Best Practices

Best Practice: Code to the Activity

  if (AC.hasAccess(ARTICLE_EDIT)) {
      //execute activity
  • Code it once, never needs to change again
  • Implies policy is persisted/centralized in some way
  • Avoid assigning permissions on a per-user basis
  • Requires more design/work up front to get right

Best Practice: Centralized ACL Controller

  • Define a centralized access controller
  • Access control decisions go through these simple API’s
  • Centralized logic to drive policy behavior and persistence
  • May contain data-driven access control policy information
  • Policy language needs to support ability to express both access rights and prohibitions

Best Practice: Using a Centralized Access Controller

  • In Presentation Layer
      if (isAuthorized(VIEW_LOG_PANEL))
         Here are the logs
  • In Controller
      try (assertAuthorized(DELETE_USER))

Best Practice: Verifying policy server-side

  • Keep user identity verification in session
  • Load entitlements server side from trusted sources
  • Force authorization checks on ALL requests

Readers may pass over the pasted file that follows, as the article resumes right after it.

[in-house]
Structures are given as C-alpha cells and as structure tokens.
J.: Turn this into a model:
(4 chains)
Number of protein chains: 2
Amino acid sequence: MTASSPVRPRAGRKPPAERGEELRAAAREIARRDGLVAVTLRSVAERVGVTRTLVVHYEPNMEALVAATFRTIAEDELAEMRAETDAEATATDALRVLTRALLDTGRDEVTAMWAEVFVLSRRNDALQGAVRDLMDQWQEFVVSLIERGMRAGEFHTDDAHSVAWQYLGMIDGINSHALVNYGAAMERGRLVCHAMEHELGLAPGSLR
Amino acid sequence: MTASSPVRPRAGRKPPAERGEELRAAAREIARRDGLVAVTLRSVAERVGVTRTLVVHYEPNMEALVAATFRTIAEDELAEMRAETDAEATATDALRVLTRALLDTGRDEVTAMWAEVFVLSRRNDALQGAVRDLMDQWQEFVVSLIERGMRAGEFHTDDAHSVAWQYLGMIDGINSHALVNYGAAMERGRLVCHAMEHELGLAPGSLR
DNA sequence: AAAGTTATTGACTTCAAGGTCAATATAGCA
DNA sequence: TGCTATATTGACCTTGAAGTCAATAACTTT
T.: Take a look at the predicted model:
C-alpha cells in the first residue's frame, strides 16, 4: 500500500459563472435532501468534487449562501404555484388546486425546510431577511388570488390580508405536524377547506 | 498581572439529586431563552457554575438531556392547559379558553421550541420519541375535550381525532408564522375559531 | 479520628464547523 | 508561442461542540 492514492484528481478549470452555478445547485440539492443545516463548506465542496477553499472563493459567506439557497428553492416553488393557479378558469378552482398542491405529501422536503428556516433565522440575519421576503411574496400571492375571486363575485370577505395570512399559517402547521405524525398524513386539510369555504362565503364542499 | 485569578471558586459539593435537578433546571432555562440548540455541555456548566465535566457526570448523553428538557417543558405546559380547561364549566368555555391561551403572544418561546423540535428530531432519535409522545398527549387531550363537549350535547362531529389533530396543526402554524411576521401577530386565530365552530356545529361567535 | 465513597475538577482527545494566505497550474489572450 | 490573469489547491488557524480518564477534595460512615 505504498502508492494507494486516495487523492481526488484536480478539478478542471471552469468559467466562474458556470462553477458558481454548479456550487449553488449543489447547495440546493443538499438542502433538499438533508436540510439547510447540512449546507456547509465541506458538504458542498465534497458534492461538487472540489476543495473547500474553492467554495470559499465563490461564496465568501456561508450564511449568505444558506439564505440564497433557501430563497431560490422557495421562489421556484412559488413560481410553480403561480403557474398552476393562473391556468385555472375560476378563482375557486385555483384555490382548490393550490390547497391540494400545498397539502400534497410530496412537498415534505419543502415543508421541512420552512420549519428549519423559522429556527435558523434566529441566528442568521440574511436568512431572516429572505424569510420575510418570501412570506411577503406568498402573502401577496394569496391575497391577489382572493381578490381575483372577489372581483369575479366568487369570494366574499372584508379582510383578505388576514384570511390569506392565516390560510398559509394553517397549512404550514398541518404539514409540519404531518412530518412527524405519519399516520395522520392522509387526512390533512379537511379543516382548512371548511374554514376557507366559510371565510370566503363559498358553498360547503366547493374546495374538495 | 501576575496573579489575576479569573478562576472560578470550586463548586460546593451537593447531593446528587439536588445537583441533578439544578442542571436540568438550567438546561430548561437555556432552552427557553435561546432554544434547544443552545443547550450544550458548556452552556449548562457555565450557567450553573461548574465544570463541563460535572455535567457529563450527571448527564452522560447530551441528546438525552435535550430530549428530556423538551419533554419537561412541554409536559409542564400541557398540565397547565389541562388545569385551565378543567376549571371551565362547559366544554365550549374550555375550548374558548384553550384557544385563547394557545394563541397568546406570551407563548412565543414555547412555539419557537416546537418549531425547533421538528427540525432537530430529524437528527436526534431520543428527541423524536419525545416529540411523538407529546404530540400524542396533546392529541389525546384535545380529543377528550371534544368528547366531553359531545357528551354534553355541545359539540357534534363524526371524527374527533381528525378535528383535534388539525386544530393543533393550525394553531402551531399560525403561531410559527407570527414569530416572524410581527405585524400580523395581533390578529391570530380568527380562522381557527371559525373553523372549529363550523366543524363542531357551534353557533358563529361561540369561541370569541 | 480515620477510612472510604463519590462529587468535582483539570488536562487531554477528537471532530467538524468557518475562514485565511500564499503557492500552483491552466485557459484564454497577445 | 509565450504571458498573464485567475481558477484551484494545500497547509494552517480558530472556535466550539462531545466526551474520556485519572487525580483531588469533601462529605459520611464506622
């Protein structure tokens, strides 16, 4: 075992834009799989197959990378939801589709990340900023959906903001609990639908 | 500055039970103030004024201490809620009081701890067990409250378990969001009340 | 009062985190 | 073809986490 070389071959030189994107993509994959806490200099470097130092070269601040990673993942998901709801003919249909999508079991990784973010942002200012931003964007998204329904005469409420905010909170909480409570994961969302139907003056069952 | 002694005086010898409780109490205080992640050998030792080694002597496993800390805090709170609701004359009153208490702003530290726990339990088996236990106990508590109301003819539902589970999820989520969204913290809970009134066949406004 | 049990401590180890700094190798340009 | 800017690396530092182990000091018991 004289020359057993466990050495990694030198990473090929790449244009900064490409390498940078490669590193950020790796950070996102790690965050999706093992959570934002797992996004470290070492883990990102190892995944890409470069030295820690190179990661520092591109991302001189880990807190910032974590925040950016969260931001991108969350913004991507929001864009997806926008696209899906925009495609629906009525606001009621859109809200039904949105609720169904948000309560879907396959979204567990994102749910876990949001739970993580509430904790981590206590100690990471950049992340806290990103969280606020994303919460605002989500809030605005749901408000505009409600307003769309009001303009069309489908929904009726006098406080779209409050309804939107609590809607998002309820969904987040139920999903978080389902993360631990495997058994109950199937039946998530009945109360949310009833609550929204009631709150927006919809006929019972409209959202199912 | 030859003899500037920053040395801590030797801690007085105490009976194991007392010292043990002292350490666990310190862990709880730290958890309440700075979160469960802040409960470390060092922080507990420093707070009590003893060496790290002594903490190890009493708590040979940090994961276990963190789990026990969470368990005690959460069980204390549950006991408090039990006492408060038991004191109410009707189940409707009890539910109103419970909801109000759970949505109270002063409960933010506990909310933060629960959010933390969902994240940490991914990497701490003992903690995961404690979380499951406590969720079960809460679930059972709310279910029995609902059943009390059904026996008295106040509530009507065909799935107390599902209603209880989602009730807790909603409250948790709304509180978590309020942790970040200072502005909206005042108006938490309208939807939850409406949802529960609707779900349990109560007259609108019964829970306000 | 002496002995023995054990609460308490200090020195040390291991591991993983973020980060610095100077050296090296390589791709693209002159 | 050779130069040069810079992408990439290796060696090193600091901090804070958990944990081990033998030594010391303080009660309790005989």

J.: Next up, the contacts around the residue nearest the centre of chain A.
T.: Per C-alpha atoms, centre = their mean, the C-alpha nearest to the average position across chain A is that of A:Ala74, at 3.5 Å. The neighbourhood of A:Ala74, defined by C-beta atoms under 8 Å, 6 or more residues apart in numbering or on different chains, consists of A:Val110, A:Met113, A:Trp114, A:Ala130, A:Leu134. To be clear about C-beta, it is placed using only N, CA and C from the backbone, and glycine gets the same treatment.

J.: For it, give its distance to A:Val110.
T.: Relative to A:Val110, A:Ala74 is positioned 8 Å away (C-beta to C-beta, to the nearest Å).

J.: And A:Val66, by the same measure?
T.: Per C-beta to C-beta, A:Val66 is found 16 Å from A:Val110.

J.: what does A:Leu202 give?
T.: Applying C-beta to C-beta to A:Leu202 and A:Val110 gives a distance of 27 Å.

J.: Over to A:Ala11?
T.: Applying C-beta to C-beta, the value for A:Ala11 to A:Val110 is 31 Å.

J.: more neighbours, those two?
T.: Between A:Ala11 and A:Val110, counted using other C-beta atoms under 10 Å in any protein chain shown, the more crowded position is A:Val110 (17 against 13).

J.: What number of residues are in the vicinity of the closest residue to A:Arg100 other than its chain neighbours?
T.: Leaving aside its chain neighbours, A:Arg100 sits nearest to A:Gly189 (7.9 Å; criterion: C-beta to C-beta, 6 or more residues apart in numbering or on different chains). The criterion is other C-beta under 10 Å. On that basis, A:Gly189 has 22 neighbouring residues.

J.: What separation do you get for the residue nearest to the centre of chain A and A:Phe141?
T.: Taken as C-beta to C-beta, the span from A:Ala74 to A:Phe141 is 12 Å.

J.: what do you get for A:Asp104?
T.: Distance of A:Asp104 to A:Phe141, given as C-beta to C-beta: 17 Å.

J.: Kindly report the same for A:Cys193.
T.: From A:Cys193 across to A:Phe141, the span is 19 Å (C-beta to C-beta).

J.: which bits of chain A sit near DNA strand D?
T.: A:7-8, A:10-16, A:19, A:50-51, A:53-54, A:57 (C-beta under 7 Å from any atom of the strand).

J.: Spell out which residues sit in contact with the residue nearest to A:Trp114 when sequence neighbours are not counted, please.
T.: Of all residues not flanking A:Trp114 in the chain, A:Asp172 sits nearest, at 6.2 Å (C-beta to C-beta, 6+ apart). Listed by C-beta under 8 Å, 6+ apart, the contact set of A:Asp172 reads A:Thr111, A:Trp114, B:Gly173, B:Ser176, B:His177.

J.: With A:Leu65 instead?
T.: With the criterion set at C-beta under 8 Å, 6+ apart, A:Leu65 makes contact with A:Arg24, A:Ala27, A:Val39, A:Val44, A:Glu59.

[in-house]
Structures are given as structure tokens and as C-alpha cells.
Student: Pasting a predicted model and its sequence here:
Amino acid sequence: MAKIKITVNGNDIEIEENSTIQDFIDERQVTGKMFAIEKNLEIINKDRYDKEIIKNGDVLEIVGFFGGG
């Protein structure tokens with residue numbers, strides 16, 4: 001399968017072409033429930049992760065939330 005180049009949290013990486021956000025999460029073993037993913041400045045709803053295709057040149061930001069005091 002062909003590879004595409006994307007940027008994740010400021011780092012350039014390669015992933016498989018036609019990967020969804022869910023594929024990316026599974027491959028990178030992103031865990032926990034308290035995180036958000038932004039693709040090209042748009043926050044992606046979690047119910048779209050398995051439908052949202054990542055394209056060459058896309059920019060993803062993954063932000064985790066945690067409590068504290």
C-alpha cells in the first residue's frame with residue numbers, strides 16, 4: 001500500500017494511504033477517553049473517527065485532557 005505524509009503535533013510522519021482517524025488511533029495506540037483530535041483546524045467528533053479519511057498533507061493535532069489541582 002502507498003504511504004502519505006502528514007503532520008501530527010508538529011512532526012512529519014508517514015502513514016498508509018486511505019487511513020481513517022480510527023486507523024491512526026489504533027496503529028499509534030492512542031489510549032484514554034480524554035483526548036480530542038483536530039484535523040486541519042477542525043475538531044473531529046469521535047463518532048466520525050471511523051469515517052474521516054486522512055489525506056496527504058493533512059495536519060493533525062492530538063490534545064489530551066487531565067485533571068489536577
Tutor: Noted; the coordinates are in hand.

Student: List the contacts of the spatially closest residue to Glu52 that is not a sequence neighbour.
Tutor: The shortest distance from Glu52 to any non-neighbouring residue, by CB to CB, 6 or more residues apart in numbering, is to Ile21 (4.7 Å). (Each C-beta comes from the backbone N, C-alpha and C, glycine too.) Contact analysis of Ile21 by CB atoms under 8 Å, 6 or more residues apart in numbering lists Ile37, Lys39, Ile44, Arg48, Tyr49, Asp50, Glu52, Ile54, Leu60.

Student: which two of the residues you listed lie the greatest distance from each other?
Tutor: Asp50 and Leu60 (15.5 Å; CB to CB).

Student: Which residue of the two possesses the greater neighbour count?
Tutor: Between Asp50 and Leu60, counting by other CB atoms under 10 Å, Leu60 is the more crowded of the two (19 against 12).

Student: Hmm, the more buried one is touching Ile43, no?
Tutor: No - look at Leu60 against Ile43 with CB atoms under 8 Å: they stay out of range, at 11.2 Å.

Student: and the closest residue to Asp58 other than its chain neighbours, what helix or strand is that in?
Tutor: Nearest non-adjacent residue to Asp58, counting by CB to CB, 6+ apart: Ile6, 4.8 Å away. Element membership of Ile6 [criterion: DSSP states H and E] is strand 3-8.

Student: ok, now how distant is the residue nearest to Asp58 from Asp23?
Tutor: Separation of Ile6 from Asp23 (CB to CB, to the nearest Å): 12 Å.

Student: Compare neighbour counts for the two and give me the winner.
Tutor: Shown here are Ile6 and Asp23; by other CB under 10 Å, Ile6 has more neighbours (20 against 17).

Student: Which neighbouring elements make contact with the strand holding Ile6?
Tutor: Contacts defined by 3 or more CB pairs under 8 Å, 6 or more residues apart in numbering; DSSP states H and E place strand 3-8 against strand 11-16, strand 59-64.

• JS file, image, AJAX and FLASH requests as well!
    • Force this check using a filter if possible

SQL Integrated Access Control

Example Feature

This SQL would be vulnerable to tampering

 select * from messages where messageid = 2356342

Ensure the owner is referenced in the query!

 select * from messages where messageid = 2356342 AND messages.message_owner = 

Access Control Positive Patterns

  • Code to the activity, not the role
  • Centralize access control logic
  • Design access control as a filter
  • Deny by default, fail securely
  • Build centralized access control mechanism
  • Apply same core logic to presentation and server-side access control decisions
  • Determine access control through Server-side trusted data

Data Contextual Access Control

Data Contextual / Horizontal Access Control API examples

   ACLService.isAuthorized(EDIT_ORG, 142)
   ACLService.assertAuthorized(VIEW_ORG, 900)

Long Form

   isAuthorized(user, EDIT_ORG, Organization.class, 14)
  • Essentially checking if the user has the right role in the context of a specific object
  • Centralize access control logic
  • Protecting data at the lowest level!

Related Articles

OWASP Cheat Sheets Project Homepage

Authors and Primary Editors

Jim Manico - jim [at] owasp dot org Fred Donovan - fred.donovan [at] owasp dot org